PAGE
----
Therefore, unit trust retail investors will see their fund prices going down slowly at that time. At this juncture, if the macro economy down trend is confirmed for longer than anyone desires, cut loss of your unit trust will seem to be more prudent than letting your investment going down to the pit.
In another scenario, when you invested your capital into certain fund after much careful study, while there is nothing wrong with the macro economy, but your fund prices happen to be going down without any justifiable neither known reason, you may first give it a benefit of the doubt by top down twice. When you see your fund still sinking, it would take a gigantic faith and risk to continue top down some more, especially when you see other funds are rising but yours is sinking. In this case, would it not be sensible to “cut loss” by switching to the other funds that are rising?
For example, let’s say if someone invested into RHB Gold and General Fund in February 1st 2017 since it was growing (see Graph A).
He expected Gold and General Fund to continue its bullish trend. But somehow, unfortunately it reversed around February 15th 2017. The trend became a down trend until March 1st 2017 and experienced losses. Yet he saw another Fund called Manulife India Fund was rising steadily. Would it not advisable to accept the loss (cut loss) and switch over to Manulife India Fund?
Losing Fund Will Recover Eventually?
While some may argue otherwise, saying that it is not always so lucky to switch over to a better growing fund. There’s still a lot of “what if’s ….” like, what if the new fund repeats the same fake as the previous one? So, they would suggest you don’t have to switch or cut loss, because mutual funds are managed by trusted fund managers and their teams. Fund performances normally would not go down into the stage of “bankruptcy” like any stock counter would. The extent of risk between the two is not equivalent. If you have patient enough, those losing funds would eventually recover, especially if you have chosen a good performing fund.
While this argument may sound correct theoretically, or even professionally, we have to understand the nature of trending pattern. For any stock or fund to reverse its trend, it has to go through 2 different stages. These are Accumulation Stage and Recovery Stage (Graph B).
There would be a possible immediate reversal of any trend right after bottoming. But unfortunately chances are rare. Particularly so when we consider funds invested into a vast range of 40 to 50 stock choices, if it does experience a down turn, that means such drop would be quite severe especially when it is in an odd case scenario. It will take some time for it to stable down preventing further deterioration. The time period of stabilization is called Accumulation Stage before it could move on Recovery Stage.
This period of stabilization or Accumulation Stage, no matter long or short period, to retail unit trust investors, this is the most value draining, time consuming, energy exhausting activity we could ever be involved in. Yes, it is true that such fund would eventually recover, but retail investors have incurred enormous, uncountable losses that we didn’t even realize (while fund managers were still taking their lavish salary and enjoy their lives playing golf regularly). Because price movement of fund is slow and lethargic, you can imagine how long the time spent to wait for it to just recover from the bottom until it breaks even.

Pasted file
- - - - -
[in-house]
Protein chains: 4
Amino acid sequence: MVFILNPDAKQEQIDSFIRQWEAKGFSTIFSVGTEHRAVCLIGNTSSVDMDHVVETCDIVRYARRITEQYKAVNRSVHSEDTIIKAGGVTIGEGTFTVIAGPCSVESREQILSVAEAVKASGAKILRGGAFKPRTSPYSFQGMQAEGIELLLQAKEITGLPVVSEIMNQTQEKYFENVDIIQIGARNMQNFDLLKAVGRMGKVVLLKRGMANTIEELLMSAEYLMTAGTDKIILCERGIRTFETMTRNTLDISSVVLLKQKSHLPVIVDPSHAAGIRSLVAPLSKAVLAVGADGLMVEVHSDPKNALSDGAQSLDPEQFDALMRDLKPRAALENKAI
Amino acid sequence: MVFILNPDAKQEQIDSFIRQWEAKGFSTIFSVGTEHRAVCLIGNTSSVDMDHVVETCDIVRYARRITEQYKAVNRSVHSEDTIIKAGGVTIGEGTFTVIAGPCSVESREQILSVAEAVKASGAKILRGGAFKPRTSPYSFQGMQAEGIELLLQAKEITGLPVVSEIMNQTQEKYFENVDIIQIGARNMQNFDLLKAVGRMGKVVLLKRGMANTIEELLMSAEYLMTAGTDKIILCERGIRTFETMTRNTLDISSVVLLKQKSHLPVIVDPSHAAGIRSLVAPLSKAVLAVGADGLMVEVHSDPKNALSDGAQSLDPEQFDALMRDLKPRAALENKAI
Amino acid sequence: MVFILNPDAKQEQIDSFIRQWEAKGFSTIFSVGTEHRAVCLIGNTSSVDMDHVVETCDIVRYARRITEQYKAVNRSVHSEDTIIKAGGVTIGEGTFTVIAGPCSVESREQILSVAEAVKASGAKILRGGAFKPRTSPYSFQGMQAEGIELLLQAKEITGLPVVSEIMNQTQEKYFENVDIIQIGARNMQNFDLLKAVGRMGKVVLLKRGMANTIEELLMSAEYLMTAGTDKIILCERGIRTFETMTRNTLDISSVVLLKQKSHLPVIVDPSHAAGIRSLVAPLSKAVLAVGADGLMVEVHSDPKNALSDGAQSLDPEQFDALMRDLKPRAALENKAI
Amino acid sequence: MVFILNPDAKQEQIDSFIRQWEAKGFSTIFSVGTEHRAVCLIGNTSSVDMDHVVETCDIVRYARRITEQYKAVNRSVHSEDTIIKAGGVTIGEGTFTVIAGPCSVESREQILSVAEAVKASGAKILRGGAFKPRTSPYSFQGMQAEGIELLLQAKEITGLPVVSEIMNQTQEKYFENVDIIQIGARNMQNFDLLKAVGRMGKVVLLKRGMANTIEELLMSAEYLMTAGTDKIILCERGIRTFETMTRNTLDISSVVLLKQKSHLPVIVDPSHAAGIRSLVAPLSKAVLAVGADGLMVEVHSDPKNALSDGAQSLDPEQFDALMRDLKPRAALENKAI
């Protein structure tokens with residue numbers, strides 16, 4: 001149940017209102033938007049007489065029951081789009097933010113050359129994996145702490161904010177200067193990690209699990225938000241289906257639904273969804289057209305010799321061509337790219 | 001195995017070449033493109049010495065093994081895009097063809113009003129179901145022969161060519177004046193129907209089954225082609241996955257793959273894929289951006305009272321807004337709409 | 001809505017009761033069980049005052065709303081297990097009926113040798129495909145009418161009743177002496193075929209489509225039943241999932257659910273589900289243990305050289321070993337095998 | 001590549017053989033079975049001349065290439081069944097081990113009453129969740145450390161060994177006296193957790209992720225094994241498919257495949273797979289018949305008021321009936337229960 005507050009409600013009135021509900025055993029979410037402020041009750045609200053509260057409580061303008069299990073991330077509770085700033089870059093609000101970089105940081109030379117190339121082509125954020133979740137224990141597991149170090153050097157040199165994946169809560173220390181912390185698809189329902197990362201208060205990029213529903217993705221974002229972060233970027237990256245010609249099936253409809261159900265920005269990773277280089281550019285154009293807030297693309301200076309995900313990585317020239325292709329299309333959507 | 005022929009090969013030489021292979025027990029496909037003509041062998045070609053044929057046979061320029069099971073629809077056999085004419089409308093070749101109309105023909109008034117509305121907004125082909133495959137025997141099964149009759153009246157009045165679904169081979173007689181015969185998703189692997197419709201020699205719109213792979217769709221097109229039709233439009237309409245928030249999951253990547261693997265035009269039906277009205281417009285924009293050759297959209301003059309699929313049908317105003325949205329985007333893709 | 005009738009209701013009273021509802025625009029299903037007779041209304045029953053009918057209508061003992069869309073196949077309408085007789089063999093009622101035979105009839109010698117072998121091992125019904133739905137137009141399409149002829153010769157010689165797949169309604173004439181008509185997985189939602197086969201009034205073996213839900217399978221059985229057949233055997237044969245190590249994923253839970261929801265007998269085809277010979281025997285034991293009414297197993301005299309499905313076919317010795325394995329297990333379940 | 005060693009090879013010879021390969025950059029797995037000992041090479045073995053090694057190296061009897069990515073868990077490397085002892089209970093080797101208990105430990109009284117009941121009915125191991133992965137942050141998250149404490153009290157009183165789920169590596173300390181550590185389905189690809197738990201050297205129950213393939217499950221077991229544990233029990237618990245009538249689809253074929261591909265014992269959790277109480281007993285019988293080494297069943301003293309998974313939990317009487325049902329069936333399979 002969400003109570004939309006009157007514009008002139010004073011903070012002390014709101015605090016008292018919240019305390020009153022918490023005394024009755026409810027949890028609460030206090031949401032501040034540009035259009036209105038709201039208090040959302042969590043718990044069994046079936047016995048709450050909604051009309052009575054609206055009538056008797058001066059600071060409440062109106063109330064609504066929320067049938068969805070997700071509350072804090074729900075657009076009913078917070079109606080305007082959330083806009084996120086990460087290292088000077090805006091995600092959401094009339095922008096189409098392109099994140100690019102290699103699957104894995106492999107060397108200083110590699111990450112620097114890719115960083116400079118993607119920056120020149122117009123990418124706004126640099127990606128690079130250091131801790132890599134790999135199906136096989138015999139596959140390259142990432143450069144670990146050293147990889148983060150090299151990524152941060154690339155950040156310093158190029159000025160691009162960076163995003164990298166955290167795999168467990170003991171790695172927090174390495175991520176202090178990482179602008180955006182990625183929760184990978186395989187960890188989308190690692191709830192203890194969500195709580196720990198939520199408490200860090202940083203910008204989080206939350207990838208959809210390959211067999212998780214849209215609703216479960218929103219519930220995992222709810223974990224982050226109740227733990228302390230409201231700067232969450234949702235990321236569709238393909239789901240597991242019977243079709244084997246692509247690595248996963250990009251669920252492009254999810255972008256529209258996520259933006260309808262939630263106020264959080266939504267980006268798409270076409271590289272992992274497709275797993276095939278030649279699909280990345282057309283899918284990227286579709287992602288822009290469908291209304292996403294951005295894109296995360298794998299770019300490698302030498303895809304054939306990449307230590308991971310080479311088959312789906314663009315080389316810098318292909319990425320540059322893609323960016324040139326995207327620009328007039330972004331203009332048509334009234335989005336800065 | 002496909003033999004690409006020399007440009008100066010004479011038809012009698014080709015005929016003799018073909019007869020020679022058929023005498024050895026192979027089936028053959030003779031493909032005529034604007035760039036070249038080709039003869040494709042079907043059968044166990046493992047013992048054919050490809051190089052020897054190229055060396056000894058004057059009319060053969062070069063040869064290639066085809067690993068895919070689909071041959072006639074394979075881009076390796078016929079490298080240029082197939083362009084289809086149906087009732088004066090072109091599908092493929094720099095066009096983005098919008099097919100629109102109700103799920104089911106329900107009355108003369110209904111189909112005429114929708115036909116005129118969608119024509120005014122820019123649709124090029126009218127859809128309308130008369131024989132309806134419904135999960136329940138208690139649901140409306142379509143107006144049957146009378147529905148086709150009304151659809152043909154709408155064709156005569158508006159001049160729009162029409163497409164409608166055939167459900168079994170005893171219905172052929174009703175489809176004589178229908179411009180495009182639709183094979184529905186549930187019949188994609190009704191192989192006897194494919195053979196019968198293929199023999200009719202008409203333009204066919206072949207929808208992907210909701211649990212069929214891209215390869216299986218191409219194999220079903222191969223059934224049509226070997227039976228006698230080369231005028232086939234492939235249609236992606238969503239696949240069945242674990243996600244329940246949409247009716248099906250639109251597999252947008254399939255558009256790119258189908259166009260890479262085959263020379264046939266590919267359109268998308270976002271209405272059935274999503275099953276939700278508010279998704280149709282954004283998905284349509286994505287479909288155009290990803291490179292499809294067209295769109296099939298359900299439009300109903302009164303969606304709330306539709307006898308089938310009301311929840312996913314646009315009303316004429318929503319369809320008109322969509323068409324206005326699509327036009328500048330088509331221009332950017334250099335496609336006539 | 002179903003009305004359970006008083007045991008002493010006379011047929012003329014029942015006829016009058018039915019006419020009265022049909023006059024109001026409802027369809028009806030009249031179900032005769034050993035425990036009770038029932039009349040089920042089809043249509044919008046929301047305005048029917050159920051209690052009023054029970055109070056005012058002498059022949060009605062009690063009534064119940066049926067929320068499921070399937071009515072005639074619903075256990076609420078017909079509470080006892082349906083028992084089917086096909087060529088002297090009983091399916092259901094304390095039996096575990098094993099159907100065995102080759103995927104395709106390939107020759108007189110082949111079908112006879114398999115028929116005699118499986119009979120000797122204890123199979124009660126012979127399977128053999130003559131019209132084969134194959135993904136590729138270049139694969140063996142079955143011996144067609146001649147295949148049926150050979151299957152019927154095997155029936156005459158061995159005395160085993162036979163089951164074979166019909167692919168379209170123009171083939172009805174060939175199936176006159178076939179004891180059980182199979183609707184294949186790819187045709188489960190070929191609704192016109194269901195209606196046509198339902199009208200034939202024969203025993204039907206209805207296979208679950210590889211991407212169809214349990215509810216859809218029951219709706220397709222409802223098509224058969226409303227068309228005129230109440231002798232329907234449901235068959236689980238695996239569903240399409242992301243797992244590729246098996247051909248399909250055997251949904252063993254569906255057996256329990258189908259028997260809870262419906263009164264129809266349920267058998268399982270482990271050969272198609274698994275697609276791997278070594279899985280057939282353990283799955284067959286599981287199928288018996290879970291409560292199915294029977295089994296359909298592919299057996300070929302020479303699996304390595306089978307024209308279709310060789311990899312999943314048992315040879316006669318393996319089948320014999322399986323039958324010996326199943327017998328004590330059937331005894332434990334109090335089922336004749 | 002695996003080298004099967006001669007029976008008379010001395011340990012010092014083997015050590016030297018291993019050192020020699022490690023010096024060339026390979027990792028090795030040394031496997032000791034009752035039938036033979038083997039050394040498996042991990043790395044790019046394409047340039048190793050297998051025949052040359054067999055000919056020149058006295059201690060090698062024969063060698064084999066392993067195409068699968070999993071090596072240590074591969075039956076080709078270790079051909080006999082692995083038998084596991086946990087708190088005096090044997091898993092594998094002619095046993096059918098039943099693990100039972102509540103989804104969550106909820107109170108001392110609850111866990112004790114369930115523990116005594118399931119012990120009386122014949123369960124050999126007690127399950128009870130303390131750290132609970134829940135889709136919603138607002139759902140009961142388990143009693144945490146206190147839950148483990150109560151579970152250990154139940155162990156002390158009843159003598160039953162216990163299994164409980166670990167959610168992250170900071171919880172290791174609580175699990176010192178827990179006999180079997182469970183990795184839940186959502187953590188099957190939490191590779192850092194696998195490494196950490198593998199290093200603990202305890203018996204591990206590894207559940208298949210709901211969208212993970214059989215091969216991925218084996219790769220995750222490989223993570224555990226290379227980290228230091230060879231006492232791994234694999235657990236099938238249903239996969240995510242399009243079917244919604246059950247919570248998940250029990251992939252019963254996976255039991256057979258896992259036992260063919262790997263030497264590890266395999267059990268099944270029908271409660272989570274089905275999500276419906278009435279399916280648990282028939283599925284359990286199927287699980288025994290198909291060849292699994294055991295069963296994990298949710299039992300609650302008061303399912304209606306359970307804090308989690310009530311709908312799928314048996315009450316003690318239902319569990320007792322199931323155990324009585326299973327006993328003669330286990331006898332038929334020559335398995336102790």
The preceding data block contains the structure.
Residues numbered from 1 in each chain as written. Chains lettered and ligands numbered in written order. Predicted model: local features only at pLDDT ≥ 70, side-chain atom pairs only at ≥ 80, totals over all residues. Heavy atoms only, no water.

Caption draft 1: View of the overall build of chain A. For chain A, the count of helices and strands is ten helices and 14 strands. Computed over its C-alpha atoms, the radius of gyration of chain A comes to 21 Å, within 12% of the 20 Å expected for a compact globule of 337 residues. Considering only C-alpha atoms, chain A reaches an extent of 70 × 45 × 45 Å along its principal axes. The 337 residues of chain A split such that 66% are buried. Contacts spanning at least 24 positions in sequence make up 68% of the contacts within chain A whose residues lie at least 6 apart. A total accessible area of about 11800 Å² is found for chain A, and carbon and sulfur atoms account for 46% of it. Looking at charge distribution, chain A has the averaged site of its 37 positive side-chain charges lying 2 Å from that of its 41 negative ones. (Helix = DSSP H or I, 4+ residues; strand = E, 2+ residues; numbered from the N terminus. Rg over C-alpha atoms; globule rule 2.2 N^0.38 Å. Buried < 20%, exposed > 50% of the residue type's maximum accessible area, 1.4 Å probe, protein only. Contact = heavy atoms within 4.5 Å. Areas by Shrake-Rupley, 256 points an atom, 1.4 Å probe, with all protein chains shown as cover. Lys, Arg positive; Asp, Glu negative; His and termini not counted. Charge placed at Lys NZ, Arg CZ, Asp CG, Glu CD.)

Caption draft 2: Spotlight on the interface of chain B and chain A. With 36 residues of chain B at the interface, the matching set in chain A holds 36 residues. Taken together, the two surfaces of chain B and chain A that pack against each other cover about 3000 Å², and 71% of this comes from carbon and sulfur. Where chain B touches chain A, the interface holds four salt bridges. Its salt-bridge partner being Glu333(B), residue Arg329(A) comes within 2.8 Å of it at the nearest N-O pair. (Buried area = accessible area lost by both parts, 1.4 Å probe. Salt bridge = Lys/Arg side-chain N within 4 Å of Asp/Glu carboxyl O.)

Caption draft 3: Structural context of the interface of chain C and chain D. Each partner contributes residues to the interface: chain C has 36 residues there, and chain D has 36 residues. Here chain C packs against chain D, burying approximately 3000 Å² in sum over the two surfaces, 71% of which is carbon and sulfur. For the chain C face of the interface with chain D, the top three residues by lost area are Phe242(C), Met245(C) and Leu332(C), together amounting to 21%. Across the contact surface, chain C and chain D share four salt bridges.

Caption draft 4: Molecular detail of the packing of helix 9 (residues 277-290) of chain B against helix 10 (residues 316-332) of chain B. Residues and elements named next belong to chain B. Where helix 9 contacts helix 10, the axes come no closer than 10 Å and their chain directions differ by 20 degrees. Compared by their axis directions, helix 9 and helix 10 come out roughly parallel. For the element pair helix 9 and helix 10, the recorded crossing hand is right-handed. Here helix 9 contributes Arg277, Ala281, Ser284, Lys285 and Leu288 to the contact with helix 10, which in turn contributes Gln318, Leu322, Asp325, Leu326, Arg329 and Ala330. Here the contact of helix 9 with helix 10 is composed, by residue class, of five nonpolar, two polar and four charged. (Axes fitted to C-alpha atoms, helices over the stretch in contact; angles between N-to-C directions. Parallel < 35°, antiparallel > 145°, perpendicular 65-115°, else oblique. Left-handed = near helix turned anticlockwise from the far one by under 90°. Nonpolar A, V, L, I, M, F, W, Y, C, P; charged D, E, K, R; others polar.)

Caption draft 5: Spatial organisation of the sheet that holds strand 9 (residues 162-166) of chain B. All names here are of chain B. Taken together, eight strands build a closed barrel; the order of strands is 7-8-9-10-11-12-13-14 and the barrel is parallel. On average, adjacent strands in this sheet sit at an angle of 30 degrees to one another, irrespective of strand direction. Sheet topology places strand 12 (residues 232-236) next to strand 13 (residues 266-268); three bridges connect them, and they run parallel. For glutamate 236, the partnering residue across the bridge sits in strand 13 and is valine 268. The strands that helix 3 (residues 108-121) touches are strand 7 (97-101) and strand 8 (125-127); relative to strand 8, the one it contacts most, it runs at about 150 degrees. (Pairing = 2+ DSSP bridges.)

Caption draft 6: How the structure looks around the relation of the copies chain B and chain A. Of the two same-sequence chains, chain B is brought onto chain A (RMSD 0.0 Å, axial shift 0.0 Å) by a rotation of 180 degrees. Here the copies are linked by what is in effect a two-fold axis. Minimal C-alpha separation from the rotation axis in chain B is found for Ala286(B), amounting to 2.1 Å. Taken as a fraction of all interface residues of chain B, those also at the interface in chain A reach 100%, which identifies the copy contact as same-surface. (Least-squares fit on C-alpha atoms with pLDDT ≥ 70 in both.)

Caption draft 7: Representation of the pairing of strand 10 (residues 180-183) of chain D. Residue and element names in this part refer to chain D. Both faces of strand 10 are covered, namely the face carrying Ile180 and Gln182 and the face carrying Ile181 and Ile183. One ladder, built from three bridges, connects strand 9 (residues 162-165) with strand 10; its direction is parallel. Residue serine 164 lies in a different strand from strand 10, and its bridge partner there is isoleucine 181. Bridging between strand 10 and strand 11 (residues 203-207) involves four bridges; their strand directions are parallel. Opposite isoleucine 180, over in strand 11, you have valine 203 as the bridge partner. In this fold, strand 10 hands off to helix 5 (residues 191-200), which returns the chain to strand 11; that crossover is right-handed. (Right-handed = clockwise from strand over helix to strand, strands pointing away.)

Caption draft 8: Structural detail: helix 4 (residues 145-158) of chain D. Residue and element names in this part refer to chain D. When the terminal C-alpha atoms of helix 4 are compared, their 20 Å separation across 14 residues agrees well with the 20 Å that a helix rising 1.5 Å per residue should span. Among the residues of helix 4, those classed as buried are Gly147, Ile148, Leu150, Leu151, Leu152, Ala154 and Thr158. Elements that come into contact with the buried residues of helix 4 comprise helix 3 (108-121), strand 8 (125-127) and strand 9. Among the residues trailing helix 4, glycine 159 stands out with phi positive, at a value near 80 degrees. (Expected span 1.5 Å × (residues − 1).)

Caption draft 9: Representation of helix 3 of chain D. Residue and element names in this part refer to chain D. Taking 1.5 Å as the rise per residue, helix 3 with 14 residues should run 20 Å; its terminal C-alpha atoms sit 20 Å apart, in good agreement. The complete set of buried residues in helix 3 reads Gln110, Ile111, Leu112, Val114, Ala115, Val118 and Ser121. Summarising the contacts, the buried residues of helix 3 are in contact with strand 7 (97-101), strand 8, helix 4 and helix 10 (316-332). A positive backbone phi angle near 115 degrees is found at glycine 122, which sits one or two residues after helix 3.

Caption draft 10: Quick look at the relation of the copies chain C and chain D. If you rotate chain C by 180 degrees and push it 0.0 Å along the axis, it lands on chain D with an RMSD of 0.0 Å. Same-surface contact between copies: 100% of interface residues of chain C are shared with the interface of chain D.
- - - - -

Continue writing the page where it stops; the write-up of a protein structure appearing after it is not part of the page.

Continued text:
For example, if someone has invested into RHB Energy Fund at the end of May 2017 at the value point of 100 (see Graph C). It is true that subsequent losses have already been totally recovered by November 2017 when it returned to the same value point of 100. However, if he would have cut his losses and switched over to RHB Big Cap China Enterprise Fund at any point during the process of his losses, can you see how much difference it would have made at the end of November 2017?
In conclusion, as unit trust investors, we all have to be aware that investing through unit trust, the return is already mild enough and sometimes not even attractive. If you would have spent any time not heaping up profit, your return of investment (ROI) would have even been crippled further.
Therefore for the sake of efficiency and raising the level of the ROI rate, cut loss for any fund in your portfolio that is consistently losing would be a better alternative in my opinion, unless you have a longer life span and extra ordinary patient to wait for your slow growth of unit trust investment to reach the stage financial independence if it ever will do.
Thank you for reading this long article, if you have any different opinion, please feel free to drop your valuable note at the reader’s comment session at the bottom of this page.